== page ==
Short Circuit problems... Driving me nuts!!

Discussion in 'The Projects Forum' started by Goldfields, Jun 23, 2011.

  1. Goldfields

    Thread Starter New Member

    Jun 14, 2011
    3
    0
    HI All,

    Im designing a test system for a control panel used in wind turbines, i need an LED to light from an LM324n once the voltage received from the output of a relay switch is is above the deseired 21v. no problem, nice and easy. now the problem.
    I have only one power supply. that power supply feeds the power and GND to both the LM324n and the Relay switch.
    In order for the relay switch to latch and drive power to the LM324n it needs 24v and 0v., but what seems to be happening is the switching rail on the relay switch is shorting (for a tiny amount of time), which in turn causes my LM to fry. without using a circuit breaker (which would render my sense circuit usless) and without using a second power supply how do i solve this very annoying issue?

    N.B sorry about shoddy diagram.
     
  2. #12

    Expert

    Nov 30, 2010
    16,257
    6,759
    First, the 324 can only be trusted if it has more than (input + 2 volts) for its power supply.
    Second, relays are inductive and can kick a very nasty voltage so you need to protect the inputs and the power supply pin of the 324.
    Third, the drawing doesn't really tell how the 24V is picked up for the measurement.
    Fourth, you have the input polarities backwards on the 324.

    My opinion is to cut the input voltages to the 324 by about half.
    Use a resistor and a 12v zener diode to set the switch point.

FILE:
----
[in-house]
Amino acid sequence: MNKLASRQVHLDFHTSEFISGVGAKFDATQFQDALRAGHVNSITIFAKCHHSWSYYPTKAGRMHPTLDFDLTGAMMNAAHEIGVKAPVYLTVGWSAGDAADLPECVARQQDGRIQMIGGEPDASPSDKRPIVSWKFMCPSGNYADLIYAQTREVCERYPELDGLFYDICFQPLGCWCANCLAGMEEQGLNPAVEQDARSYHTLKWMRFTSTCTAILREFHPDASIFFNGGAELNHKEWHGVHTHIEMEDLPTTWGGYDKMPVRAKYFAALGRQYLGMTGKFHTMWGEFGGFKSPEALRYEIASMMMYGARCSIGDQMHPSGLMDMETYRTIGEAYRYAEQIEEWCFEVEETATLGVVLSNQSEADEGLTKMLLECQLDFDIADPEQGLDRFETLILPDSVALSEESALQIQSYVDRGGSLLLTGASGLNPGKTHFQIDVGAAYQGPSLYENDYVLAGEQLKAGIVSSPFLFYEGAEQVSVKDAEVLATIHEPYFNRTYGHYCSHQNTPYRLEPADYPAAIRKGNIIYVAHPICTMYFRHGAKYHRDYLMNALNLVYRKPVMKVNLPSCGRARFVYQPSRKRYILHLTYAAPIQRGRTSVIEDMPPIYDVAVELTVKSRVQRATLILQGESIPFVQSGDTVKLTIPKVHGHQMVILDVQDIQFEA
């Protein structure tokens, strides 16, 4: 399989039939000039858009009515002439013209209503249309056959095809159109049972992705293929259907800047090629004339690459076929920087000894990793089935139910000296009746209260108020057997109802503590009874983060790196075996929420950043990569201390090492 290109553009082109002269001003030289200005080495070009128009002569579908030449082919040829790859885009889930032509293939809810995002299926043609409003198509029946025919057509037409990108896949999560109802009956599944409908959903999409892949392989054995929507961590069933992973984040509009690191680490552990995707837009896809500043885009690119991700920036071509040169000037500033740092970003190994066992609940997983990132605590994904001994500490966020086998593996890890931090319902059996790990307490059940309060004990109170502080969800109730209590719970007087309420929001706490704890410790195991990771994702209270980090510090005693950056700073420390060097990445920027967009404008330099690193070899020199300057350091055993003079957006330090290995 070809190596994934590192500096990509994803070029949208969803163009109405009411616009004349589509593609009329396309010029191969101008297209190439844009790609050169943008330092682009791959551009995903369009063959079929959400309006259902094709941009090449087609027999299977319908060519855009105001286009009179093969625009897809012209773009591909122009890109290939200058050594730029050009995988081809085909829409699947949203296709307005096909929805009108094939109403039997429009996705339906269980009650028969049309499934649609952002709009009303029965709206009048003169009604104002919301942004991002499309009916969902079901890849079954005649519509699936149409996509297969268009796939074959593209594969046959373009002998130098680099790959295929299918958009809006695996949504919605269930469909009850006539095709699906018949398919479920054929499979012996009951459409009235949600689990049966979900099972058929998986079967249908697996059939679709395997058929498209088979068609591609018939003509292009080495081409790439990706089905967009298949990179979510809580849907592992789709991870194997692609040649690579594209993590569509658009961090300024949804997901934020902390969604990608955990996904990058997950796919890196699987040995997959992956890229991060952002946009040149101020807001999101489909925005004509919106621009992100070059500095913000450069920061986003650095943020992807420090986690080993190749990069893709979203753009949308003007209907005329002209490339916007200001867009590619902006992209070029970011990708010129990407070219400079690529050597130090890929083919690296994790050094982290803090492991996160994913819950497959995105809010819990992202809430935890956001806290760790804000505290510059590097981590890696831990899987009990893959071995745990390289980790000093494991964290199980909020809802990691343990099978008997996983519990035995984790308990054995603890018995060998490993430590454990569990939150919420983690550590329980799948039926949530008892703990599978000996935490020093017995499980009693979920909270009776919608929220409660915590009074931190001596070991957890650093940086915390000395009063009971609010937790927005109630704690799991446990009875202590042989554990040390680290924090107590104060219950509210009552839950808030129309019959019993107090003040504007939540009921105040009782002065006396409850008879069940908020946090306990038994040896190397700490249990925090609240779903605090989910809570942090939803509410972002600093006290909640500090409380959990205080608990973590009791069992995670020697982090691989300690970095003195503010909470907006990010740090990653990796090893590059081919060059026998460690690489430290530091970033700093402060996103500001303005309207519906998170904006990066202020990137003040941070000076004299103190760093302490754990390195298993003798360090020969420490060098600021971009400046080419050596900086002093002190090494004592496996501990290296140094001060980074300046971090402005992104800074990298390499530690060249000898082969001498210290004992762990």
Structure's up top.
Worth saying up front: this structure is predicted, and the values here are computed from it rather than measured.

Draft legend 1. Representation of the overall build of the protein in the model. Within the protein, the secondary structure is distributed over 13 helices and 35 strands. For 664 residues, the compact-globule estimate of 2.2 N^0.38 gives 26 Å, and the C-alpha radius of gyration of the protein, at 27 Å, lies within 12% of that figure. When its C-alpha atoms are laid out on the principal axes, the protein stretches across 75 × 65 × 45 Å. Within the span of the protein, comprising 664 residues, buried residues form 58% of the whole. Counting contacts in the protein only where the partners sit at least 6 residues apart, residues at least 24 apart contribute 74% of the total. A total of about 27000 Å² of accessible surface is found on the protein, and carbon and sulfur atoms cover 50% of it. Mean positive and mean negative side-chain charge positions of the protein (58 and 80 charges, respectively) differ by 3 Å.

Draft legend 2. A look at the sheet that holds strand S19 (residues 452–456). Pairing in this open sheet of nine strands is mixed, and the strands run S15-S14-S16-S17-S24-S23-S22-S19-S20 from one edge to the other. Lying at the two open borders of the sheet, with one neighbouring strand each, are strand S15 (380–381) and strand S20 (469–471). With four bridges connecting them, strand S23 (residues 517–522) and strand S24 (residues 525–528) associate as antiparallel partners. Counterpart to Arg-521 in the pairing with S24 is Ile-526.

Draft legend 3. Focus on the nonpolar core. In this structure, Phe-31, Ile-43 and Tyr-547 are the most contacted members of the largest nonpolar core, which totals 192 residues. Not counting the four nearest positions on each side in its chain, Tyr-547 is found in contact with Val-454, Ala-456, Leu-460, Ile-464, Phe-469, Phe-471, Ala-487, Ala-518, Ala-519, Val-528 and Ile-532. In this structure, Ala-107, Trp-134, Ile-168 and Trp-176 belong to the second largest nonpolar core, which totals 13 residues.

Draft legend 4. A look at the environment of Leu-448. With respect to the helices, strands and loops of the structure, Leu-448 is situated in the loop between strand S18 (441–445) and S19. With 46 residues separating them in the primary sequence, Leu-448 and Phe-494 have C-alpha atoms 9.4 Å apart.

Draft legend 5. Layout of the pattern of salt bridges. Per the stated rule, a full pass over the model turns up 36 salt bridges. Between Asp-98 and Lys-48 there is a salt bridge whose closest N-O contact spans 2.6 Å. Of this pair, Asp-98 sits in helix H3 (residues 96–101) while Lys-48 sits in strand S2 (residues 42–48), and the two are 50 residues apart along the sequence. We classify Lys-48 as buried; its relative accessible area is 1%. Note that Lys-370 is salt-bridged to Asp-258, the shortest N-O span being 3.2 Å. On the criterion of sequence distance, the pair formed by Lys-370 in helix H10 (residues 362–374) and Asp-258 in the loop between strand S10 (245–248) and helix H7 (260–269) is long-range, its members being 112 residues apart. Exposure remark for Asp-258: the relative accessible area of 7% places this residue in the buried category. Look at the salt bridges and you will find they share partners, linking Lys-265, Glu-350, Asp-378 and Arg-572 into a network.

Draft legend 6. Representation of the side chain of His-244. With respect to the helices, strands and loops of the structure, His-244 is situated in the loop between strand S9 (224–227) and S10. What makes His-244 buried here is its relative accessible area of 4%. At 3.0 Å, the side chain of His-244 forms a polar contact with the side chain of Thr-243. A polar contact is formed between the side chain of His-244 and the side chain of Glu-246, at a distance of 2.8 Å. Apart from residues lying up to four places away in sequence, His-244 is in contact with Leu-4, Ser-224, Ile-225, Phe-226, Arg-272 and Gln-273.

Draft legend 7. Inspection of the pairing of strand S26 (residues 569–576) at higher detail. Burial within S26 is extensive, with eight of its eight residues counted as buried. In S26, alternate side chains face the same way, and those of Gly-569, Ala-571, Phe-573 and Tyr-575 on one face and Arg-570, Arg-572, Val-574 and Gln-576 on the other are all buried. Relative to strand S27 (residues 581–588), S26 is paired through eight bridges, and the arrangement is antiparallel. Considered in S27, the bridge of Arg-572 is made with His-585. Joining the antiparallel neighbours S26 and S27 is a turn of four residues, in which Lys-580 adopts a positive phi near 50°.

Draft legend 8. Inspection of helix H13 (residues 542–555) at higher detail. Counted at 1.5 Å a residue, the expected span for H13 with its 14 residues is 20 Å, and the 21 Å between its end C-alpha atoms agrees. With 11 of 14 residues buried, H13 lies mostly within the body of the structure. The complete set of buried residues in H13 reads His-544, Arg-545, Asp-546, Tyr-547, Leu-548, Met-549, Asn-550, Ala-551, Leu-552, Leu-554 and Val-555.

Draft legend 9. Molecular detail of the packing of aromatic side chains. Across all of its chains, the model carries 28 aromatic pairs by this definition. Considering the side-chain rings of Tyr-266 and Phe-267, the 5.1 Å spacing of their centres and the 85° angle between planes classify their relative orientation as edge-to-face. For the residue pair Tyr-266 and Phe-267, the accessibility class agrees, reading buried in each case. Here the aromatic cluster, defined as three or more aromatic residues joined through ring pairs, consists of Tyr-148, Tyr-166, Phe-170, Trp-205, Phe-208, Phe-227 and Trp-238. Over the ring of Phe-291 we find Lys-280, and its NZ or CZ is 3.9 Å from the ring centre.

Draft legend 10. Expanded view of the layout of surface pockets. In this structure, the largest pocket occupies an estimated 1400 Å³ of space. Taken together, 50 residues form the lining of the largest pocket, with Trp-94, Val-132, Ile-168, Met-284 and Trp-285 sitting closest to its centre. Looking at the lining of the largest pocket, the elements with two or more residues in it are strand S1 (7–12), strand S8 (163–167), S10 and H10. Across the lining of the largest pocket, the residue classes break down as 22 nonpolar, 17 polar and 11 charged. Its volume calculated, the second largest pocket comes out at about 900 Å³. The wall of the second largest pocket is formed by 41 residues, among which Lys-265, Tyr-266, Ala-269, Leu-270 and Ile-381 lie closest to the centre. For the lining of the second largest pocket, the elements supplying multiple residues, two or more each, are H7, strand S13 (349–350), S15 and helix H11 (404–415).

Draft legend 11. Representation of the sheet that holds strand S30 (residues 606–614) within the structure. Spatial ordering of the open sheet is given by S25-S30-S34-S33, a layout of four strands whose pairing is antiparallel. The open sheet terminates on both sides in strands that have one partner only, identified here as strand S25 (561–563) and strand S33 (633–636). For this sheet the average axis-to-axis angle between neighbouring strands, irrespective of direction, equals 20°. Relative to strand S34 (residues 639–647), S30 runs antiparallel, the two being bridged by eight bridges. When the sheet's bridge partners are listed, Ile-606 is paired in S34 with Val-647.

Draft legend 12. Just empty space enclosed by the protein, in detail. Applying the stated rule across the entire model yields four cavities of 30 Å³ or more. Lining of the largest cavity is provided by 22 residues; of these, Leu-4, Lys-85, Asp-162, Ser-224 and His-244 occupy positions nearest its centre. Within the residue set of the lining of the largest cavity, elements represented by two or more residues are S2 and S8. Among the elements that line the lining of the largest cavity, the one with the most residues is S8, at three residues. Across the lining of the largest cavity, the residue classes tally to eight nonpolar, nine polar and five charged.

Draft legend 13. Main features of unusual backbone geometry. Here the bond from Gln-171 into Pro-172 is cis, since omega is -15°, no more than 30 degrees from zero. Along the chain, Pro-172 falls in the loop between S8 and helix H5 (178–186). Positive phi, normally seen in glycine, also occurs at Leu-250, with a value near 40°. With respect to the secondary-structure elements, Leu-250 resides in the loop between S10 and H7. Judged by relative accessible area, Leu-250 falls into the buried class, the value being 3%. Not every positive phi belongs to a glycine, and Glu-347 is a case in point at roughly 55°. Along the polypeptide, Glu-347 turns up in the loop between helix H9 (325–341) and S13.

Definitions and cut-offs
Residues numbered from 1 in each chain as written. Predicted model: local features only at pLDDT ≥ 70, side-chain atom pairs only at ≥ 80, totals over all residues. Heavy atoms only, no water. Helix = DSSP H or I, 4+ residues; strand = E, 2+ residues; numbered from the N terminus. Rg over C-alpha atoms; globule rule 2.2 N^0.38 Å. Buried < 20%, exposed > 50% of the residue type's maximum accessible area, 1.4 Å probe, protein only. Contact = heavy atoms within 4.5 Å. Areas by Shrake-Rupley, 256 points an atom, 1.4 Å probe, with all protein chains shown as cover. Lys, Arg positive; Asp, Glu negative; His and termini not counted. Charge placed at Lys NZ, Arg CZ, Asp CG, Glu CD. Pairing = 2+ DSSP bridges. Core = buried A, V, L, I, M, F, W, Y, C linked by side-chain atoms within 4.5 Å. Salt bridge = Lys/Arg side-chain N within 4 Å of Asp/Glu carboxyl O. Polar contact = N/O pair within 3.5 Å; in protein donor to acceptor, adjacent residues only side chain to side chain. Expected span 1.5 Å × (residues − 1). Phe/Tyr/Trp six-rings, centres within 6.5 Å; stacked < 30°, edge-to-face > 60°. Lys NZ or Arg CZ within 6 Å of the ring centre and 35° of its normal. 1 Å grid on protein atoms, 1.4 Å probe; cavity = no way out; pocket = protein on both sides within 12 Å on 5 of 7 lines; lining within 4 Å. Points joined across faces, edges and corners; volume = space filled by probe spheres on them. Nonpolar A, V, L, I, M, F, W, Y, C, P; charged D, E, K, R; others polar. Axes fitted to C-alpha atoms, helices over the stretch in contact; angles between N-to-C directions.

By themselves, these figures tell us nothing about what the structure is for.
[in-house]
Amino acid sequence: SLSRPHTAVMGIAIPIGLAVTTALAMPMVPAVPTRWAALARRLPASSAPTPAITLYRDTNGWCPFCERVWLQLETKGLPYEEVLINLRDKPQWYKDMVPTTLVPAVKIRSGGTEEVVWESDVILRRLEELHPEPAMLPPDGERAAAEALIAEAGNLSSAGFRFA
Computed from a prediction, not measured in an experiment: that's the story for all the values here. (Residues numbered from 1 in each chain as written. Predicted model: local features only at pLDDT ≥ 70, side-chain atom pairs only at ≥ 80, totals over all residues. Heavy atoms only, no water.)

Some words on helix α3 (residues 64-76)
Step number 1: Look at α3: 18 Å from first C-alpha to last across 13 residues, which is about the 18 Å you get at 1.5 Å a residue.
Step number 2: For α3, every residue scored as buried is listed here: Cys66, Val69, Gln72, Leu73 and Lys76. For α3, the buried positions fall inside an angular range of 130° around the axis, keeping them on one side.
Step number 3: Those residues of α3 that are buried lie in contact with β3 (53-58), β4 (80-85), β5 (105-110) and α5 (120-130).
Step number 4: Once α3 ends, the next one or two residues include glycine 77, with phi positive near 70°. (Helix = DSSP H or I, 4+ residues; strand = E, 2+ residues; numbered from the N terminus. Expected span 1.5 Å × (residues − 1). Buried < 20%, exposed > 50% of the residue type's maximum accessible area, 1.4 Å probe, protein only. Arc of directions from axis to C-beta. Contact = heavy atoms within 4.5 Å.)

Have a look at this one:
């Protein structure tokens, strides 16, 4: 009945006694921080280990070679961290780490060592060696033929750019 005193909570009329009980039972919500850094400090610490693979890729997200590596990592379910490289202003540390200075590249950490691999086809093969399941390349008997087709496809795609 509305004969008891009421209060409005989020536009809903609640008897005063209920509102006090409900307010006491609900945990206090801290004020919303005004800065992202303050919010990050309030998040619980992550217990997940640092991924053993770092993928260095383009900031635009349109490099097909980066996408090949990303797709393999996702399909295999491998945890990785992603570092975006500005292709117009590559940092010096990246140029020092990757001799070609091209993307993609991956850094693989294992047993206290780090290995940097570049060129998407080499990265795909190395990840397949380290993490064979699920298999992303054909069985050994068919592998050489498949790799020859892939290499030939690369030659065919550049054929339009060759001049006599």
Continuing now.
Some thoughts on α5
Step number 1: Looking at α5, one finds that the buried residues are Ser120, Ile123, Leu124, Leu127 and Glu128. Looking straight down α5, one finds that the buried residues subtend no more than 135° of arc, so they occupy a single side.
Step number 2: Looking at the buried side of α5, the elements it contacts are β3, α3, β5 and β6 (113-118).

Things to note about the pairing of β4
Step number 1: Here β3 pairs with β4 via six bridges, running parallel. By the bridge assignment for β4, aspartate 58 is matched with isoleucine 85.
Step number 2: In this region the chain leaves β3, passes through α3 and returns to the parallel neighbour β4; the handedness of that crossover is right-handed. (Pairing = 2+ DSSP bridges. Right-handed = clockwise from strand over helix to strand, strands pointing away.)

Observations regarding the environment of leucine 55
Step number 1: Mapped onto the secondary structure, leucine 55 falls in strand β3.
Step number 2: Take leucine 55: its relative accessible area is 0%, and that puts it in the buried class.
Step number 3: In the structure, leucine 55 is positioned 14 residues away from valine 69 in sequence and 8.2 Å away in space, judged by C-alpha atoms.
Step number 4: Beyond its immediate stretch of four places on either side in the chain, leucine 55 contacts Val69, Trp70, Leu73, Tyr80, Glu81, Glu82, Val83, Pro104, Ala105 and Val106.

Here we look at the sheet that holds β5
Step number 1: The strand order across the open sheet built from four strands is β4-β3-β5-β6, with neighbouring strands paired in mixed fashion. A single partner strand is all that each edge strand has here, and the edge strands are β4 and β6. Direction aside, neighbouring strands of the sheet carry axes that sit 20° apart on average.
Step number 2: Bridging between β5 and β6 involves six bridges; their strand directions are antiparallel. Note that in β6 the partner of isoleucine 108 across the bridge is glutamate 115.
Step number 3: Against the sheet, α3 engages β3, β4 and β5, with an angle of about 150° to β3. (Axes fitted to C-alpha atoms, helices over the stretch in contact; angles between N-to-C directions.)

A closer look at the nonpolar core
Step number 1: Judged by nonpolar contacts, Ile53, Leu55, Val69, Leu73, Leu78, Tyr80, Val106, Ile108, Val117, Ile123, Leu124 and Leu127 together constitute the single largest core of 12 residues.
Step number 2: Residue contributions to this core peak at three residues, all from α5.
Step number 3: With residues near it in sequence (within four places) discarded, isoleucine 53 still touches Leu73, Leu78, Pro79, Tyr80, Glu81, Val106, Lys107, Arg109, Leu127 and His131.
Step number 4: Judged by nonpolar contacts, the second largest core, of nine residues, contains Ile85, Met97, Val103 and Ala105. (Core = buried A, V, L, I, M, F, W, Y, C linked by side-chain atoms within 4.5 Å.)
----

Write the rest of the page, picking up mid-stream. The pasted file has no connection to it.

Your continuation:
Use resistors to cut the 21 volts down to 12 volts and put a small capacitor at their junction to quench voltage spikes. A thousand ohms per volt would work. Even 10,000 ohms per volt will work. Try 10,000 ohms per volt.
    Use a diode and capacitor to filter the voltage on the supply of the 324 so inductive pulses don't hit it like a lightening bolt.

    That's a start. Reply for clarification.
     
    Last edited: Jun 23, 2011
  3. Goldfields

    Thread Starter New Member

    Jun 14, 2011
    3
    0
    All makes sense. will the diode and Cap help protect? my office is a genoicde of LM324s.
    How does the the zener help with switch point? why not just stick with VD?
     
  4. #12

    Expert

    Nov 30, 2010
    16,257
    6,759
    I'm assuming the 24 volts in question is DC, right?
    All this is BS if it's AC.

    The diode and capacitor on the power supply pin will help the Vcc stay as high as practical if the voltage wobbles on the way up and the capacitor will absorb spikes. It might even help to put maybe 100 ohms in series with the diode to limit the spike current going into the capacitor. (I'm talking about dozens of microfarads.) If you give the LED 10ma and the 324 uses 3ma for its own power, the 100 ohm resistor will cost 1.3 volts of power supply voltage. Not a problem if you do the switching at about 12 volts on the inputs. You could even go lower if you want.

    The 324 smokes at 32 volts, so a 27 to 30 volt zener after the 100 ohm resistor might be a reasonable safety feature. It depends on how much you can trust the turbine to stop at 24 volts and how powerful the inductance is.

    You can use only resistors and capacitors to do 2 voltage dividers on the inputs, but the 12V zener provides another layer of spike protection. It is important to get some series resistance between the voltage and BOTH of the inputs, and a capacitor to absorb spikes is necessary. The trade off is how much capacitance you can use without slowing the response time too much. It might even be advantageous to delay the switching by a few milliseconds. I don't know enough to be sure about that aspect.

    Are we making progress?
     
  5. castley

    Member

    Jul 17, 2011
    31
    0
    Some relay contacts are adjusted to make before break. Check this.
     
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